Most programming languages have certain things in common, such as:
These concepts are the basis of most programming languages. Once you understand them, you can start figuring the rest out.
Programming languages usually share some similarities. Once you know one programming language, you can learn the basics of another by recognizing its differences.
A good tool for learning a new language is by practicing with a standard program. This allows you to focus on the language, not the program's logic. I'm doing that in this article series using a "guess the number" program, in which the computer picks a number between one and 100 and asks you to guess it. The program loops until you guess the number correctly.
This program exercises several concepts in programming languages:
- Conditional evaluation
It's a great practical experiment to learn a new programming language.
Guess the number in Julia
According to Julia's website, the language "is dynamically typed, feels like a scripting language, and has good support for interactive use." It "was designed from the beginning for high performance. Julia programs compile to efficient native code for multiple platforms via LLVM."
You can explore Julia by writing a version of the "guess the number" game.
Here is my implementation:
random = rand(1:100) println("Guess a number between 1 and 100") while true data = readline() if data == "" println("goodbye") break end guess = parse(Int64, data) if guess < random println("Too low") elseif guess > random println("Too high") else println("That's right!") break end
To assign a value to a variable, list the variable's name followed by the
= sign. For example, the statement
random = 0 assigns a zero value to the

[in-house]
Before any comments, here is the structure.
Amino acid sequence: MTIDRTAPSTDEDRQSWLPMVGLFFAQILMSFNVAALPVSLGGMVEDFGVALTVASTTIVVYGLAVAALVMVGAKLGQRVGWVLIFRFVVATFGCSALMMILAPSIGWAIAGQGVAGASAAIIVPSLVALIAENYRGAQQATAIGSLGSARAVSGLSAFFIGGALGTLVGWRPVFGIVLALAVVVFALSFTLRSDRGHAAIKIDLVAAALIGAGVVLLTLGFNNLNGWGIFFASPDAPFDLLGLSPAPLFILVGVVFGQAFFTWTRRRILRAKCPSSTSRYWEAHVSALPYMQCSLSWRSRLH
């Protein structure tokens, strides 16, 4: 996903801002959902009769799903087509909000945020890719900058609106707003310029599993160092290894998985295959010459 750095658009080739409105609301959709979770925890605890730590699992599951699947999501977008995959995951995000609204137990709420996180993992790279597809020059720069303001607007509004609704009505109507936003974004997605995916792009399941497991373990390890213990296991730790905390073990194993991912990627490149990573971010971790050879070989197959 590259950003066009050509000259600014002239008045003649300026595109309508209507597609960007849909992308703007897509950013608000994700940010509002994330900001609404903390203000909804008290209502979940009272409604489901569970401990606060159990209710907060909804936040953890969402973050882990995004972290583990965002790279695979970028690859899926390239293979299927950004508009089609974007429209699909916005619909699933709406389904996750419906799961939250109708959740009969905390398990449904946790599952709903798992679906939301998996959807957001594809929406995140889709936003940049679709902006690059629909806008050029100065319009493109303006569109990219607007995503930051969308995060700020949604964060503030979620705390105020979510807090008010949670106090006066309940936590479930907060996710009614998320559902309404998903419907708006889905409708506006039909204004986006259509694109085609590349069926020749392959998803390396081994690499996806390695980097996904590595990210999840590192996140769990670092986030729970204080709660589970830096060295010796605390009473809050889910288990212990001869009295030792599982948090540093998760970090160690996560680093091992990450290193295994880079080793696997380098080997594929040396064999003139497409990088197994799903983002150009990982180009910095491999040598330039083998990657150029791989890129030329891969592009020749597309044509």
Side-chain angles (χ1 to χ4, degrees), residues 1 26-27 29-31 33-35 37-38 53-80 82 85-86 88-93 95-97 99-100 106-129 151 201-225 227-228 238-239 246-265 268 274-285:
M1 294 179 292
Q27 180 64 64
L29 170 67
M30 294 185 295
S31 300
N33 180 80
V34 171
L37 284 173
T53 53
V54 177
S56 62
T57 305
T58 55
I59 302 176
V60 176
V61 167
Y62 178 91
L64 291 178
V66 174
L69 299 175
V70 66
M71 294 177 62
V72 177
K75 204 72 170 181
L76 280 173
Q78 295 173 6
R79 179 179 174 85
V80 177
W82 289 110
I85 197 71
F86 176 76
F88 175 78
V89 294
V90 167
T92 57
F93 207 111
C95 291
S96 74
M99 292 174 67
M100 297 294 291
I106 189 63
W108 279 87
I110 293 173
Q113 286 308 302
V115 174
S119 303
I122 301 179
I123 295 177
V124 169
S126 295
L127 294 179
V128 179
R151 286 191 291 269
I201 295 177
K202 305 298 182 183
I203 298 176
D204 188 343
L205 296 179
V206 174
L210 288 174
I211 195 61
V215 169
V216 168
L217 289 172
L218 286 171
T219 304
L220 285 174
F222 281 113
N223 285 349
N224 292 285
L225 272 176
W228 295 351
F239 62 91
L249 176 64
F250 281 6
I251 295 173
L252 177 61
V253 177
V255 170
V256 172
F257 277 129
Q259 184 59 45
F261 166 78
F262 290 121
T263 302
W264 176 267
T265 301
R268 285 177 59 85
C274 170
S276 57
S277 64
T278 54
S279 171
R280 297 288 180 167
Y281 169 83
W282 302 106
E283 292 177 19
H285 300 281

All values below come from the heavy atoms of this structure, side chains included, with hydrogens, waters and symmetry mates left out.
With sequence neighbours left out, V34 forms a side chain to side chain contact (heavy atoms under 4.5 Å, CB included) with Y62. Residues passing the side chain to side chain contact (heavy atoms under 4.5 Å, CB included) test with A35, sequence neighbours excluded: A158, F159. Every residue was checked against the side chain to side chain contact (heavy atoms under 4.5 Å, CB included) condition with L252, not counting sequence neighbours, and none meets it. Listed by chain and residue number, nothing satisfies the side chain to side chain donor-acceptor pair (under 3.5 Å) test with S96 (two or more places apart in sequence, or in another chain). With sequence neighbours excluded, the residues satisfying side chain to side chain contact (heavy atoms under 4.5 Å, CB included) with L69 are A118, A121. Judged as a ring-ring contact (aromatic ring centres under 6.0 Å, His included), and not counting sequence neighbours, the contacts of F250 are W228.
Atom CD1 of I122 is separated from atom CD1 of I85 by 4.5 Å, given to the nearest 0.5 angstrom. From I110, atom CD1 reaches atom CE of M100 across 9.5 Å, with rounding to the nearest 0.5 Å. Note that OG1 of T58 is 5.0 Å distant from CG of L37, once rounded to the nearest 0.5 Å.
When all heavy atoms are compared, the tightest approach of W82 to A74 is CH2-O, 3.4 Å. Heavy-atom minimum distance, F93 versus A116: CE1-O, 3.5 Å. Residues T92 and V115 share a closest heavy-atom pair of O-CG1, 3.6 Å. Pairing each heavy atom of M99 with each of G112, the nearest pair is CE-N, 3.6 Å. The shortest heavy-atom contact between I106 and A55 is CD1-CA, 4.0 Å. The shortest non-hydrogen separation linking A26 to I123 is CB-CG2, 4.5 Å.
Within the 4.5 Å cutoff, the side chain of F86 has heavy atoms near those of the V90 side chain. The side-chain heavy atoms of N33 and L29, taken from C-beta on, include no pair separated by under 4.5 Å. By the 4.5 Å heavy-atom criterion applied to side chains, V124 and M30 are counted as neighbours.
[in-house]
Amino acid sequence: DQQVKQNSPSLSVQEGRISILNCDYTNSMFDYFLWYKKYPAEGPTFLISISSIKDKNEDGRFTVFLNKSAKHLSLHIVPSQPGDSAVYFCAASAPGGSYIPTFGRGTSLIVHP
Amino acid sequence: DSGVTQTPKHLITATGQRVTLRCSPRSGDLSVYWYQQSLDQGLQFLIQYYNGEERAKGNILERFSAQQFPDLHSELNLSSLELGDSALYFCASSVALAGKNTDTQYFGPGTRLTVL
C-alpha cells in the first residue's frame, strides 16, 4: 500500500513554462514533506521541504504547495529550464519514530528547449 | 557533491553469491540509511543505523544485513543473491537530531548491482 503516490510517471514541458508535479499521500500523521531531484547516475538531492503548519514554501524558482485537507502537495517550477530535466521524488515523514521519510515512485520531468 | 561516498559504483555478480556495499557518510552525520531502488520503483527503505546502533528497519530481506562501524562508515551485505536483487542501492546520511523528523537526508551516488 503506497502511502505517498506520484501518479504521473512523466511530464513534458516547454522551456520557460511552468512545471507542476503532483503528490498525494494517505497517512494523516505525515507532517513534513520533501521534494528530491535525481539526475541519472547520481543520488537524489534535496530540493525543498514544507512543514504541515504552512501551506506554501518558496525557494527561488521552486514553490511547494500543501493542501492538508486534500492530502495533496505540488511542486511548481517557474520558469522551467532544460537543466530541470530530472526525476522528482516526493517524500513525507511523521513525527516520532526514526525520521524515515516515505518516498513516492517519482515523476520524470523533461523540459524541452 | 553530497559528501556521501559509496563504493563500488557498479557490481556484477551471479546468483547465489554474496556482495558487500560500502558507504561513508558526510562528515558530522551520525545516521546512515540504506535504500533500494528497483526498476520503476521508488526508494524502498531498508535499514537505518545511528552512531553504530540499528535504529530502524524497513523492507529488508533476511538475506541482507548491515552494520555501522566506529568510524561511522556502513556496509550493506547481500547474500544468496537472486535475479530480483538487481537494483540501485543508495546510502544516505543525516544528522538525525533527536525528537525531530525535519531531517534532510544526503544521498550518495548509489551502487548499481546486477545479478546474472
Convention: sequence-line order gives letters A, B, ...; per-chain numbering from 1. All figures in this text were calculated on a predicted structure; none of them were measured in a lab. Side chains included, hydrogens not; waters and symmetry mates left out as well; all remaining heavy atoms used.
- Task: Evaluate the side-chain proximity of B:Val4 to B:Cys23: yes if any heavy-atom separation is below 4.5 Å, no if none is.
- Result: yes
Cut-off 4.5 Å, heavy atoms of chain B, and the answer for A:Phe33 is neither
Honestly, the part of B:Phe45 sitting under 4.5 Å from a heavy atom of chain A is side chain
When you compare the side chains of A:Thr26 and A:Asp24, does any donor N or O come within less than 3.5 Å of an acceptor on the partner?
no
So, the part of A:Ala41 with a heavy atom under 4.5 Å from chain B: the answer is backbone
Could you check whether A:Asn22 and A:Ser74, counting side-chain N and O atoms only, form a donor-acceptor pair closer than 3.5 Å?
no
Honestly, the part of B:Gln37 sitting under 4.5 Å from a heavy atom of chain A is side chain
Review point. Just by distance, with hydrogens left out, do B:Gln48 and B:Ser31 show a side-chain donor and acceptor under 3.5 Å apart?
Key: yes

The first line of the script reads the result of the function
rand() and assigns it to the variable called
random. The function takes a single argument: a range. In this case, the range is
1:100, making the game just challenging enough.
You can also prompt the user to enter a value using the
readline() function. If you write
data = readline(), Julia waits for the user to enter some text, then stores that value in the guess variable.
The next step is to convert
data to an integer type. In this case, use
Int64, a 64-bit integer type. The result of the
parse function is stored in a variable
Julia supports conditional expressions and flow control like loops. In the "guess the number" game, Julia continues looping as long as the guess value is not equal to
If the guess is less than the random number, Julia prints
Too low, and if the guess is greater than the number, Julia prints
Now that you've written your Julia program, run it to play the "guess the number" game. Every time you run the program, Julia will pick a different random number, so you need to guess until you find the correct number:
$ julia guess.jl Guess a number between 1 and 100 50 Too high 30 Too high 20 Too high 10 Too low 15 Too high 13 Too low 14 That's right!
This "guess the number" game is a great introductory program for learning a new programming language because it exercises several common programming concepts in a pretty straightforward way. By implementing this simple game in different programming languages, you can demonstrate some core concepts of the languages and compare their details.
Do you have a favorite programming language? How would you write the "guess the number" game in it? Follow this article series to see examples of other programming languages that might interest you!